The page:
St Mary’s convent and school was officially blessed and opened by His Grace (Coadjutor) Archbishop James Duhig on Sunday, 26 January 1913.
Below is an excerpt from “The Golden West A Centenary History of Charleville Parish, Queensland 1883-1983” By L.J.Ansell, C.F.C.
On 1 February 1913, ‘The Charleville Times’ gave a report on the opening of the school and in its editorial stated:
“The year 1913 will mark the commencement of a new era in the educational affairs of Charleville and district which cannot do other than make for a much-needed uplifting in the religious life of the community. The Sisters can rely on a hearty welcome from all classes and we sincerely hope that the excellent institution which was inaugurated so successfully last Sunday will make for that moral and religious development in our midst, for which it must be admitted, there is some necessity.”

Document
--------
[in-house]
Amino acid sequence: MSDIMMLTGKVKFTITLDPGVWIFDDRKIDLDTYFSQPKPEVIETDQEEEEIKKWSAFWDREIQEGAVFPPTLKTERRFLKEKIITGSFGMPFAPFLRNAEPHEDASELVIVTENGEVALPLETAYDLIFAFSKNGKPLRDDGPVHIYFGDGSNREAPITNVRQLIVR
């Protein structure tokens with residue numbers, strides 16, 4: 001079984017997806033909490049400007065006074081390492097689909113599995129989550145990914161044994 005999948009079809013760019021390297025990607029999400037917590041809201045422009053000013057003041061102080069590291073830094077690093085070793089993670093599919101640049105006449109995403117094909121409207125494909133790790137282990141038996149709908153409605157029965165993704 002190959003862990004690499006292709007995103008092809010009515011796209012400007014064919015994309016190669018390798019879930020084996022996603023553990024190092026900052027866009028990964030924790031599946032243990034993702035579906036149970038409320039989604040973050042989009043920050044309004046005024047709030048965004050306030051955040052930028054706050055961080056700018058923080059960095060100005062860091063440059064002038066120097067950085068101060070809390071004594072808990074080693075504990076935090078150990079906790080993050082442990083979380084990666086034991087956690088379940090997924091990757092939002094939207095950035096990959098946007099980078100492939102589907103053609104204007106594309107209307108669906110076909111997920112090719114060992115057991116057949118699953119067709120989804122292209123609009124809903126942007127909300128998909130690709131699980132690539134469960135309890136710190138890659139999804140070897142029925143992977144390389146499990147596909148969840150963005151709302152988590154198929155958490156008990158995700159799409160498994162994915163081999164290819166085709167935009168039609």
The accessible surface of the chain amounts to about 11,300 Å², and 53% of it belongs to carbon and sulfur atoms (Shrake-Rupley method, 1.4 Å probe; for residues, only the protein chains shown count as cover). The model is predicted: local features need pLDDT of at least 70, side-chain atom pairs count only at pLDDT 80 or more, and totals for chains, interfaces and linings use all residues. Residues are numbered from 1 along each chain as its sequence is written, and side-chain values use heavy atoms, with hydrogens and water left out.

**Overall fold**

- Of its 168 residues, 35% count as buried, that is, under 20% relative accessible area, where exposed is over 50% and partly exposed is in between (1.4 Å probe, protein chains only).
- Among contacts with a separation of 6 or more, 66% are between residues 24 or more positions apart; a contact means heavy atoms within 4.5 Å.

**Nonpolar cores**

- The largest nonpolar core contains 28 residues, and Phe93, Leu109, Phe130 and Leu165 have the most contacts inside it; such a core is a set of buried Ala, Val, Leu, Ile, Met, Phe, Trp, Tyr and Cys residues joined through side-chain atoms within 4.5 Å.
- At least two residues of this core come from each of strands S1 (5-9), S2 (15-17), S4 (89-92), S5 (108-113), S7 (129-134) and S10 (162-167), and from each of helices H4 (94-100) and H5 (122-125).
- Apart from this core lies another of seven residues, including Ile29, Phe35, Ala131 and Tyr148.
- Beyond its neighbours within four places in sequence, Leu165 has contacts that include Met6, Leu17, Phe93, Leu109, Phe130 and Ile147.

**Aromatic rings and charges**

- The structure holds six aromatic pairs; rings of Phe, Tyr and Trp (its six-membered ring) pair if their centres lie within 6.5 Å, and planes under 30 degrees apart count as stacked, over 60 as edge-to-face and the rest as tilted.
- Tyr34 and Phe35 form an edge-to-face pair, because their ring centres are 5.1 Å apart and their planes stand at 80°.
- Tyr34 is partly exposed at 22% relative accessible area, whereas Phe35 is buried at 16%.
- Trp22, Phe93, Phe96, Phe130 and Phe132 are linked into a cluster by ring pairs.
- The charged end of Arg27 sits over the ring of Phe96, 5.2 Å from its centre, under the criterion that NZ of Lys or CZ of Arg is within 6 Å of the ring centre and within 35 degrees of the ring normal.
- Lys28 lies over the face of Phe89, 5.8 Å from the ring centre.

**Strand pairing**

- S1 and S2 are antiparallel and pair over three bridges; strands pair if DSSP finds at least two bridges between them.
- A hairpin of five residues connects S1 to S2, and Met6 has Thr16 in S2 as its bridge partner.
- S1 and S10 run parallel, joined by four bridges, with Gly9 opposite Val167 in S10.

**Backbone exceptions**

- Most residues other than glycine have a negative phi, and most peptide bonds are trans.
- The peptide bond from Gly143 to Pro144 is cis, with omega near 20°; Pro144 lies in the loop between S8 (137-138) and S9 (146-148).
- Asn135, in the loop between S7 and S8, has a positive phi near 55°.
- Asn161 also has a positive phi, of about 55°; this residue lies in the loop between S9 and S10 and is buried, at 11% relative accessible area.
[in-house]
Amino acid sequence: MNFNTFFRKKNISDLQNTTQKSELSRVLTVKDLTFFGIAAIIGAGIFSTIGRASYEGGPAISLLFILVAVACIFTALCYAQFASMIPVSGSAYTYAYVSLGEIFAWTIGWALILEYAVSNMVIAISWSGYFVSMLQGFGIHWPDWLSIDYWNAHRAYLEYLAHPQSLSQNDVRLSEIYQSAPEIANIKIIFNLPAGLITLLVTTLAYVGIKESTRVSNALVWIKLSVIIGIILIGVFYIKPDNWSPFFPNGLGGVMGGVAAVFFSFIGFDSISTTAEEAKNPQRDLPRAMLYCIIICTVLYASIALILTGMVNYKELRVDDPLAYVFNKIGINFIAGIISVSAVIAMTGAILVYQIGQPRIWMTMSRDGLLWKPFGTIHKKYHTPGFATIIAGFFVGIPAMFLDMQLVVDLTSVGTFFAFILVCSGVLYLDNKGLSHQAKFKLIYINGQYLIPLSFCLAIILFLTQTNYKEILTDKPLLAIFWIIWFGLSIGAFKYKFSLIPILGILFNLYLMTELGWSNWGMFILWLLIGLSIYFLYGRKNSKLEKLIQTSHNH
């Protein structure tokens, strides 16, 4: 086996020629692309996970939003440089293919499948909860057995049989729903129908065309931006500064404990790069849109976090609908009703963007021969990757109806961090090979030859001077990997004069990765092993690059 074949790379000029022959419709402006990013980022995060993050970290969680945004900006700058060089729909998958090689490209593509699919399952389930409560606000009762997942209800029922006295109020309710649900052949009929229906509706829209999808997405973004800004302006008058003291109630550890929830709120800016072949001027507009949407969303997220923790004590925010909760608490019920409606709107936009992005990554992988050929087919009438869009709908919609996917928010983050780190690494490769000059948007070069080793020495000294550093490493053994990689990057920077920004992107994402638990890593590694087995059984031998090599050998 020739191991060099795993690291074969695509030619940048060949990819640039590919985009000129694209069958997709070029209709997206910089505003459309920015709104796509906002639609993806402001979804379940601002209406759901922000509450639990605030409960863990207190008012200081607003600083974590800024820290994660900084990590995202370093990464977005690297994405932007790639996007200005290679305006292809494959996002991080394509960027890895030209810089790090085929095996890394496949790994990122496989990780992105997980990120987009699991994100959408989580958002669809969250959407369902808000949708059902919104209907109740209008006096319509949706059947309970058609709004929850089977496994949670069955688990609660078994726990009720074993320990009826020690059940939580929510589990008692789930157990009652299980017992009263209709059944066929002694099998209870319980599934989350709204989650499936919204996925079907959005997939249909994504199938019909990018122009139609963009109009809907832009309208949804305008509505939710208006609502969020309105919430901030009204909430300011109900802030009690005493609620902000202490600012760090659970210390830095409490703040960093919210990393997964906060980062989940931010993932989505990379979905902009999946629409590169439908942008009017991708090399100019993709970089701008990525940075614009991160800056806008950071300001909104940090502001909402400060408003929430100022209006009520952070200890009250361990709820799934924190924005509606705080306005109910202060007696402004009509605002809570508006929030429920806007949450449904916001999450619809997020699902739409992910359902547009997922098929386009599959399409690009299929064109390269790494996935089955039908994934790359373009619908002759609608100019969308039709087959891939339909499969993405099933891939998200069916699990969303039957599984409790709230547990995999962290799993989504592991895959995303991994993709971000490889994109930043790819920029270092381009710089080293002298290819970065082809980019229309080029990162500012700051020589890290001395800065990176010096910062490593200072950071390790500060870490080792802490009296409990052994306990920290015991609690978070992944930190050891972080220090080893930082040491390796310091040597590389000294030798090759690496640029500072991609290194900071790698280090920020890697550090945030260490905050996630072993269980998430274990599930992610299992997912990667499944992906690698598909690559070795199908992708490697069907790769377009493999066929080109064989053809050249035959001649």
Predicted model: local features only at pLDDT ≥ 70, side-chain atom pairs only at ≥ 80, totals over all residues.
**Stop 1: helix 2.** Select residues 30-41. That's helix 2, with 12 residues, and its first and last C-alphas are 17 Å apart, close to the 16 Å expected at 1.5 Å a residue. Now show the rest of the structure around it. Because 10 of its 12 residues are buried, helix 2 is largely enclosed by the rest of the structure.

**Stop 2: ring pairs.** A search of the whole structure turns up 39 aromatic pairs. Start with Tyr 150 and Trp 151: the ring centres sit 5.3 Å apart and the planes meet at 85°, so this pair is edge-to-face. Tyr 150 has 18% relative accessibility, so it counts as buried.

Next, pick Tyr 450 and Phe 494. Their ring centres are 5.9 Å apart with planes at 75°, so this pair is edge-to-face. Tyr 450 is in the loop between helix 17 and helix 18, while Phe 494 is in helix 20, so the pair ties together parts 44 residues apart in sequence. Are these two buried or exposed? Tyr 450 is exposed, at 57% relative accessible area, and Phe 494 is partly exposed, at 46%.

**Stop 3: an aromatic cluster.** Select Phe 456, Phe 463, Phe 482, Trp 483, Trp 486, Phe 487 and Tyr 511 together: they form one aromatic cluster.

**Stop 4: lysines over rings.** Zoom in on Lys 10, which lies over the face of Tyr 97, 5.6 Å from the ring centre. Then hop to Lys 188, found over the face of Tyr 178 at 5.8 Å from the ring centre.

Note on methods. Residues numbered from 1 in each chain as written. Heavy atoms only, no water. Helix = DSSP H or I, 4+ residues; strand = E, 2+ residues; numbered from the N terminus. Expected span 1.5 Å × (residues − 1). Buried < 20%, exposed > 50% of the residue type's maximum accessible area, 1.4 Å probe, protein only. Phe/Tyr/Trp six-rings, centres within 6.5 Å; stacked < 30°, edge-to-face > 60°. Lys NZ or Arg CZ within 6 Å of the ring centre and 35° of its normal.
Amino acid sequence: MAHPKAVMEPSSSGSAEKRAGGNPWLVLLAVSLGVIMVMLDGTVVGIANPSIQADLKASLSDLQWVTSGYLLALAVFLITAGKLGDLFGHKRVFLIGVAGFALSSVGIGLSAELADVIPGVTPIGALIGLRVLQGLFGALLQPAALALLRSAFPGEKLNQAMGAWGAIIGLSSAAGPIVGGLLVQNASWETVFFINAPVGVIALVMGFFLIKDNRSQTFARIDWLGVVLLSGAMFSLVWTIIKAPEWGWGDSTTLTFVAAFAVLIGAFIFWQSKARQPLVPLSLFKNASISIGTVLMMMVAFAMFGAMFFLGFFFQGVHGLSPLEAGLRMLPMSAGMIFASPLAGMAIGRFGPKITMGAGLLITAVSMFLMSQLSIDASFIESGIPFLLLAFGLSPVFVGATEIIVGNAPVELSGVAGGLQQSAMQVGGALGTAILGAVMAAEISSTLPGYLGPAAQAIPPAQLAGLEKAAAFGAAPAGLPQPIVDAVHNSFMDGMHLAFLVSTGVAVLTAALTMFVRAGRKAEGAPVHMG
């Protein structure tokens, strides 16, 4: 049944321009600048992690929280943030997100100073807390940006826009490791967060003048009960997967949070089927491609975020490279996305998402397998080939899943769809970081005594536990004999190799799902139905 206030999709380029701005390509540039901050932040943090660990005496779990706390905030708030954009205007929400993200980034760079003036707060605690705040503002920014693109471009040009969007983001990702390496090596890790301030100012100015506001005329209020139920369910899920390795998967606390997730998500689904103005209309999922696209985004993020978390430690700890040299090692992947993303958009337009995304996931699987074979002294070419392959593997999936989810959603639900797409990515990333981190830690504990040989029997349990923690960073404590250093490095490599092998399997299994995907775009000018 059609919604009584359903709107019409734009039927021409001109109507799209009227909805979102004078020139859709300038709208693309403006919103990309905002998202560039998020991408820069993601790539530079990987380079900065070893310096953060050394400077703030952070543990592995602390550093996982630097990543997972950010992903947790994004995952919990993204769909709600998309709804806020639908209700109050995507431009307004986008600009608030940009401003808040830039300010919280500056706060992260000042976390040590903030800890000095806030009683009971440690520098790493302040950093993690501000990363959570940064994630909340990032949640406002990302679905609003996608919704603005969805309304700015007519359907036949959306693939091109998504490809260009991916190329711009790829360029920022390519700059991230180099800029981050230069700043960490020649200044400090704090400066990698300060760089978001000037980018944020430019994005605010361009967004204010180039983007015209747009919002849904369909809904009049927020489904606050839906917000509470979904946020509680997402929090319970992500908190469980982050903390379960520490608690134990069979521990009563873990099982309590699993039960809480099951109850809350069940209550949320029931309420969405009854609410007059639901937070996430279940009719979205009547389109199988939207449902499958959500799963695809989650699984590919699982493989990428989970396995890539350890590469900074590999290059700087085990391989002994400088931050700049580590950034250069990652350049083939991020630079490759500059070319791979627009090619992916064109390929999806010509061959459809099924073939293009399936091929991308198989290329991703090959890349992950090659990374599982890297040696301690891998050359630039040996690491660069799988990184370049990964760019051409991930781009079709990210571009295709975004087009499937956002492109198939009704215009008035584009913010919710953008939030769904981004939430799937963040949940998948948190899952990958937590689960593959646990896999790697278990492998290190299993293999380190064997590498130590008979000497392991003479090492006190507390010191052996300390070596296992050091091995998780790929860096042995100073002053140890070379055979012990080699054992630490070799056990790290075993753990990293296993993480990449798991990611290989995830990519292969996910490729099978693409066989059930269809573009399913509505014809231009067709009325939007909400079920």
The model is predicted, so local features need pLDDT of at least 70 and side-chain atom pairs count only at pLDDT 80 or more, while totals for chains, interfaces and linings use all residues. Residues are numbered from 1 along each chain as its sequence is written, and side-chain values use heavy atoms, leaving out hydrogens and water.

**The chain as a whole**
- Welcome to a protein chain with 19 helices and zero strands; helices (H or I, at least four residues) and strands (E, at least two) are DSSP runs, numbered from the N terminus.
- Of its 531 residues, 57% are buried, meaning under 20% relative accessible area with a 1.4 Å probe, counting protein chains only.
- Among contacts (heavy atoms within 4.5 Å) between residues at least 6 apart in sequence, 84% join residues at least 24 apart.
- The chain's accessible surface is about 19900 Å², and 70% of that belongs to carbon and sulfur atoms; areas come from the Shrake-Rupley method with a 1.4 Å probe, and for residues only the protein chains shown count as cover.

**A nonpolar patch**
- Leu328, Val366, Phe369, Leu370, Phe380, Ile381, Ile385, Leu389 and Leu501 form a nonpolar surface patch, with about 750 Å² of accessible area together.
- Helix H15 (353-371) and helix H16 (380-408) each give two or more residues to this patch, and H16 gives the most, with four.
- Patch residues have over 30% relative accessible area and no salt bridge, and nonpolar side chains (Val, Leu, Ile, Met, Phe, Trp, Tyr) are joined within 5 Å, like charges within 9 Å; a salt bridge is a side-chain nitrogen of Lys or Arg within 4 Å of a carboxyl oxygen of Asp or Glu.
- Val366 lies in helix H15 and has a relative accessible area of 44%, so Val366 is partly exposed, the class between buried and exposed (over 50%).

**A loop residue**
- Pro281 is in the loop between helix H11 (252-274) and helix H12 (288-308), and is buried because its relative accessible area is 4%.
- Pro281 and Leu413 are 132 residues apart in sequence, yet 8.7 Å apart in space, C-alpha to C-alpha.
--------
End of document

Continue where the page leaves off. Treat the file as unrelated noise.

The first members of the Sisters of Mercy Convent were Mother Madeleine, Sisters M. Basil, Reginald, Hilda and Sebastian. These Mercy sisters were also the teachers at the school.
The number of pupils on the opening day was 108. As the school grew in numbers, so did the community, until in the ‘fifties’ the roll call was over 400 and there were a dozen sisters.
St Mary’s educated high school students during the 1960s up until the late 1970s.
In 1990, the Warrego River at Charleville peaked at a record 8.54 metres after weeks of heavy rain in the region and the school was flooded. A small plaque on the wall outside the administration area of the main building marks the flood level reached in April that year.
The Mercy education tradition has been a strong presence in Charleville and is strengthened as St Mary’s School continues to provide a quality education accessible to all, fostering a love of God and instilling a strong sense of moral values in every student.
At present, the school has an enrolment of approximately 125 students from Prep - Year 6. Most students come from the Charleville, with some travelling by bus from as far away as 100 km.